You have to wonder: when you lay down a mathematical challenge, do you throw a quill at the feet of your rival ?
In 1530, Niccolo Tartaglia (1500-1557) received two problems in cubic equations from Zuanne da Coi and announced that he could solve them. He was soon challenged by Fiore, which led to a famous contest between the two. Each contestant had to put up a certain amount of money and to propose a number of problems for his rival to solve. Whoever solved more problems within 30 days would get all the money.
Tartaglia received questions in the form x3 + mx = n, for which he had worked out a general method. Fiore received questions in the form x3 + mx2 = n, which proved to be too difficult for him to solve, and Tartaglia won the contest.
Later, Tartaglia was persuaded by Gerolamo Cardano (1501-1576) to reveal his secret for solving cubic equations. Tartaglia did so only on the condition that Cardano would never reveal it. A few years later, Cardano learned about Ferro's prior work and broke the promise by publishing Tartaglia's method in his book Ars Magna (1545) with credit given to Tartaglia. This led to another competition between Tartaglia and Cardano, for which the latter did not show up but was represented by his student Lodovico Ferrari (1522-1565). Ferrari did better than Tartaglia in the competition, and Tartaglia lost both his prestige and income.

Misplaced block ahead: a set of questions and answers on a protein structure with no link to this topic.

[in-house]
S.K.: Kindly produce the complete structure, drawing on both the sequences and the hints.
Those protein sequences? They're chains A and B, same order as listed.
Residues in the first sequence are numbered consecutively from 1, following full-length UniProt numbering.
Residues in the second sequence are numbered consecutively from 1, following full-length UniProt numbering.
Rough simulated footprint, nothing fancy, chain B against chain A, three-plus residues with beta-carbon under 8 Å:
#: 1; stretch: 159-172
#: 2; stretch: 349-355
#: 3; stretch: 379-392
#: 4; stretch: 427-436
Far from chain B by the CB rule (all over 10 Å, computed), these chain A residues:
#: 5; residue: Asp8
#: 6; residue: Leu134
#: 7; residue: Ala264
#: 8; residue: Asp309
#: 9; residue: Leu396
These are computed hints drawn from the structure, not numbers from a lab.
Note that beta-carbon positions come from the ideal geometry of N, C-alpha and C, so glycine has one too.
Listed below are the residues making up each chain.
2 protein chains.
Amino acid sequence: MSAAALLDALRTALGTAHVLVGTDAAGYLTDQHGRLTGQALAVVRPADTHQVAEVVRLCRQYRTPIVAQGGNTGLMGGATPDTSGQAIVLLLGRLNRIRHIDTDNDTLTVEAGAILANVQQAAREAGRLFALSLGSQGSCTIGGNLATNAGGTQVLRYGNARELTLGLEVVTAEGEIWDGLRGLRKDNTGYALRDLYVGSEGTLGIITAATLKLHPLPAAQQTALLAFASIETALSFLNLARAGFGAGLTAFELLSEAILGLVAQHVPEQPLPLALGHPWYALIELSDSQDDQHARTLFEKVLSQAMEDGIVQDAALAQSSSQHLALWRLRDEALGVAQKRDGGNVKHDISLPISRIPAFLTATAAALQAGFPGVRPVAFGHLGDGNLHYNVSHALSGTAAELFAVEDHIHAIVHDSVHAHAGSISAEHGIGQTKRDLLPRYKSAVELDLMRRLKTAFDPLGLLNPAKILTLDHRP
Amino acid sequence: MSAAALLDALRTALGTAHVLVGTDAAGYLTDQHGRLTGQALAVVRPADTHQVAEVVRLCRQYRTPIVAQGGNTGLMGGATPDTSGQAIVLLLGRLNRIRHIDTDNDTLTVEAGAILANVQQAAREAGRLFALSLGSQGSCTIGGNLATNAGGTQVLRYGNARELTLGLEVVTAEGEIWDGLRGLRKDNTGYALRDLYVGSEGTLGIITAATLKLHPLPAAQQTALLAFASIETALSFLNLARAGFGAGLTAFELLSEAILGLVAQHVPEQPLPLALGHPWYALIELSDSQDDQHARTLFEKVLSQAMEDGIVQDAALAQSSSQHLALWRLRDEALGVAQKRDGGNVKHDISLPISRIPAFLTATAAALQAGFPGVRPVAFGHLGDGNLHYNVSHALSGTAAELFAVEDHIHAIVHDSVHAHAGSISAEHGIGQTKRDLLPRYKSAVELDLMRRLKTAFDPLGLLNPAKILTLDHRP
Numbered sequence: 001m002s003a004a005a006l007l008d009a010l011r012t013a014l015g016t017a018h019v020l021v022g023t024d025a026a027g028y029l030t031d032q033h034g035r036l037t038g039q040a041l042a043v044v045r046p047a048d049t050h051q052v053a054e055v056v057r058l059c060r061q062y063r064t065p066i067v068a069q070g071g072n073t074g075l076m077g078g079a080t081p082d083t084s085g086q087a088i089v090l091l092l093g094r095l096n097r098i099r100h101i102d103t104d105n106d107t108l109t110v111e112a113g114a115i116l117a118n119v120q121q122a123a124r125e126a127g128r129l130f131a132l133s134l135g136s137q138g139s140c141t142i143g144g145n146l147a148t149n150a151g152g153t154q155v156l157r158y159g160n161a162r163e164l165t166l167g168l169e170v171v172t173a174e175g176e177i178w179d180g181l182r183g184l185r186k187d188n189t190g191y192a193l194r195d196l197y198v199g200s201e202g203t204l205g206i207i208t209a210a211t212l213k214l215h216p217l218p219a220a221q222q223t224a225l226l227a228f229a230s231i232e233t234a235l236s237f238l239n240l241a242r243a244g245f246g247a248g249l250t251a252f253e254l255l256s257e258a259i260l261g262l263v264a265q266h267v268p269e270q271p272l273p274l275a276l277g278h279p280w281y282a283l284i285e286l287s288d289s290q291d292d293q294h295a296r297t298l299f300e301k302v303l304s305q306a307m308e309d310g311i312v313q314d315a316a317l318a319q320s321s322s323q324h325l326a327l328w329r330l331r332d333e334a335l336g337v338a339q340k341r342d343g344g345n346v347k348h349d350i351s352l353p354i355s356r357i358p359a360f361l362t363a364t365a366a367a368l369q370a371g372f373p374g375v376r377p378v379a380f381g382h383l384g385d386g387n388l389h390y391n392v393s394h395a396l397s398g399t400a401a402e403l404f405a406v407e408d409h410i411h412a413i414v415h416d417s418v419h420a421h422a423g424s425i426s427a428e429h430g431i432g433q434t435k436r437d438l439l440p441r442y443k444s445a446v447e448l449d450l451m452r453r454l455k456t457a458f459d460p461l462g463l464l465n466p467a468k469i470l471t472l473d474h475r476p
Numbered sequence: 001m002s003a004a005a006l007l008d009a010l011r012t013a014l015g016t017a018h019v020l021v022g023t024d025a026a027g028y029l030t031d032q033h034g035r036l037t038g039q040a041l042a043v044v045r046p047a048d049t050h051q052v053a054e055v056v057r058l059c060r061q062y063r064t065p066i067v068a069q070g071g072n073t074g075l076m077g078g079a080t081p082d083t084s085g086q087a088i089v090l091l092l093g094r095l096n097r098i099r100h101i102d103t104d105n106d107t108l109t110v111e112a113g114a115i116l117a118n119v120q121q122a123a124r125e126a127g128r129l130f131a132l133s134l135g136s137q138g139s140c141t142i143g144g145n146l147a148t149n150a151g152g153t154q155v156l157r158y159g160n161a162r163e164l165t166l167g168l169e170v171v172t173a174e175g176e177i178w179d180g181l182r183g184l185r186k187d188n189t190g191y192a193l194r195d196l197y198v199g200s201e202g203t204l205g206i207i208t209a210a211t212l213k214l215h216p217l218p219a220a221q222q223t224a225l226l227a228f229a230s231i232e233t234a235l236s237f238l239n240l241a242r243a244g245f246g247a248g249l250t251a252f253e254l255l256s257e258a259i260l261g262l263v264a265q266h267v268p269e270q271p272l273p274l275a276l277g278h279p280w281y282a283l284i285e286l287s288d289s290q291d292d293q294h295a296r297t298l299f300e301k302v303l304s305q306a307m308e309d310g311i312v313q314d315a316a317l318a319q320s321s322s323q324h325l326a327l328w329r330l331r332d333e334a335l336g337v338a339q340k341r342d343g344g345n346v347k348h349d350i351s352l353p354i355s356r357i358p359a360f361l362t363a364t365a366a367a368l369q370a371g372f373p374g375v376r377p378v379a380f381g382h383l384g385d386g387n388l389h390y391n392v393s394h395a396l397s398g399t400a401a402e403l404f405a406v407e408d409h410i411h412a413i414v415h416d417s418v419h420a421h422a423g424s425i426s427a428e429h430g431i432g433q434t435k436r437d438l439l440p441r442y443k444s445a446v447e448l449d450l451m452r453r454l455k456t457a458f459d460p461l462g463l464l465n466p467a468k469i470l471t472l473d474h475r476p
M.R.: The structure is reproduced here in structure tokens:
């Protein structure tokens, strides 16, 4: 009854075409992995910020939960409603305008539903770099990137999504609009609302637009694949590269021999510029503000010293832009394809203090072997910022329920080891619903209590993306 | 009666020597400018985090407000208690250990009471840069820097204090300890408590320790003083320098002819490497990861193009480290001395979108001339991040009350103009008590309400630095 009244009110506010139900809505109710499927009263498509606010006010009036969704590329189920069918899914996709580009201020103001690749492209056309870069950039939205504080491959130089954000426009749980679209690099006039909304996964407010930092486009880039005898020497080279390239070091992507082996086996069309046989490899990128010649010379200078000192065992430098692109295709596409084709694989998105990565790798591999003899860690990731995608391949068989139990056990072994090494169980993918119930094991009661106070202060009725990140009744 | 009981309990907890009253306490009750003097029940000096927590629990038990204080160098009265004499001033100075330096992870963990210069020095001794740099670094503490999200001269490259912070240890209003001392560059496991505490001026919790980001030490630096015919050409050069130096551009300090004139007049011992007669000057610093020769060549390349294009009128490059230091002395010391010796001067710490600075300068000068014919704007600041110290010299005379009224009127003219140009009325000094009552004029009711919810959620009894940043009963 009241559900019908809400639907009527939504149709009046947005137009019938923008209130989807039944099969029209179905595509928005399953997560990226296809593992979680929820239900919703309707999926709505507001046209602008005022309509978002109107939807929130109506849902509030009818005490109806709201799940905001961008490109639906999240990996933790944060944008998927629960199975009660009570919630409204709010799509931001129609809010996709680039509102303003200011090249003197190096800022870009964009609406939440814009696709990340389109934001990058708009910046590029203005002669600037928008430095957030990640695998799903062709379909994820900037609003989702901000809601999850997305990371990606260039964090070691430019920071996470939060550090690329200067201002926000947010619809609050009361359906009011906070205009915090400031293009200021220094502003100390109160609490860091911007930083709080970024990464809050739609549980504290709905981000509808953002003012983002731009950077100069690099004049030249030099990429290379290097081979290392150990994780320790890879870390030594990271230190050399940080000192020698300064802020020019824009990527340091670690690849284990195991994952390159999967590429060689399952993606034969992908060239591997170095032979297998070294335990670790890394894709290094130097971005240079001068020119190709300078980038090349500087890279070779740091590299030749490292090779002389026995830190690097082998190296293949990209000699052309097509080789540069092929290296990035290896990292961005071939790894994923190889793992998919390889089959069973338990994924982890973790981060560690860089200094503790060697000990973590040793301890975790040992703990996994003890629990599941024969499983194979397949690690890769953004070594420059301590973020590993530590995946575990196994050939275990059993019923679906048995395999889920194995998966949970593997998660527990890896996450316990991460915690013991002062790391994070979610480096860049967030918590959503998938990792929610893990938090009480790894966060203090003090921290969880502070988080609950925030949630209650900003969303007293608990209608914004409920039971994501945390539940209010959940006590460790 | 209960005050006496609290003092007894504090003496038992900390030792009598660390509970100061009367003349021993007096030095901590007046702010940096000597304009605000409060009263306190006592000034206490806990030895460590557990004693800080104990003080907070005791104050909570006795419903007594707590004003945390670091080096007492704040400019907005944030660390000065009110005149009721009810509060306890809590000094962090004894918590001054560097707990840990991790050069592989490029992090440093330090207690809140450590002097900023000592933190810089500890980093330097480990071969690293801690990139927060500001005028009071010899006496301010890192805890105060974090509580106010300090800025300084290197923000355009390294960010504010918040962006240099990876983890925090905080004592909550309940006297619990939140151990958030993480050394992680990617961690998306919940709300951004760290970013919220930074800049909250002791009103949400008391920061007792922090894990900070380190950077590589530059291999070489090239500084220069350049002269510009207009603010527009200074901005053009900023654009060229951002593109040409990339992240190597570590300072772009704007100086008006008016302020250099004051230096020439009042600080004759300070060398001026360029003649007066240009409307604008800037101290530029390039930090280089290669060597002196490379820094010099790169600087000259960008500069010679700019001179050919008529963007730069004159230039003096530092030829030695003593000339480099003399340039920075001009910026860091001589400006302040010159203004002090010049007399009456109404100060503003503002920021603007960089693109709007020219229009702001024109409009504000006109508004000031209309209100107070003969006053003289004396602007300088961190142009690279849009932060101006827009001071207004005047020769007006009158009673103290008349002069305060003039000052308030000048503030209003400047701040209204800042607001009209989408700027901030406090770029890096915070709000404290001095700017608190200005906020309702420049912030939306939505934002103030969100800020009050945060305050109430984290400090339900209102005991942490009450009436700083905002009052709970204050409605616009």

Monday, September 25, 2006
Mathematics as blood sport
I for one am glad that we have left the challenge era of mathematics far behind us. From Wikipedia's entry on the cubic equation:
Posted by Suresh Venkatasubramanian at 9/25/2006 11:00:00 PM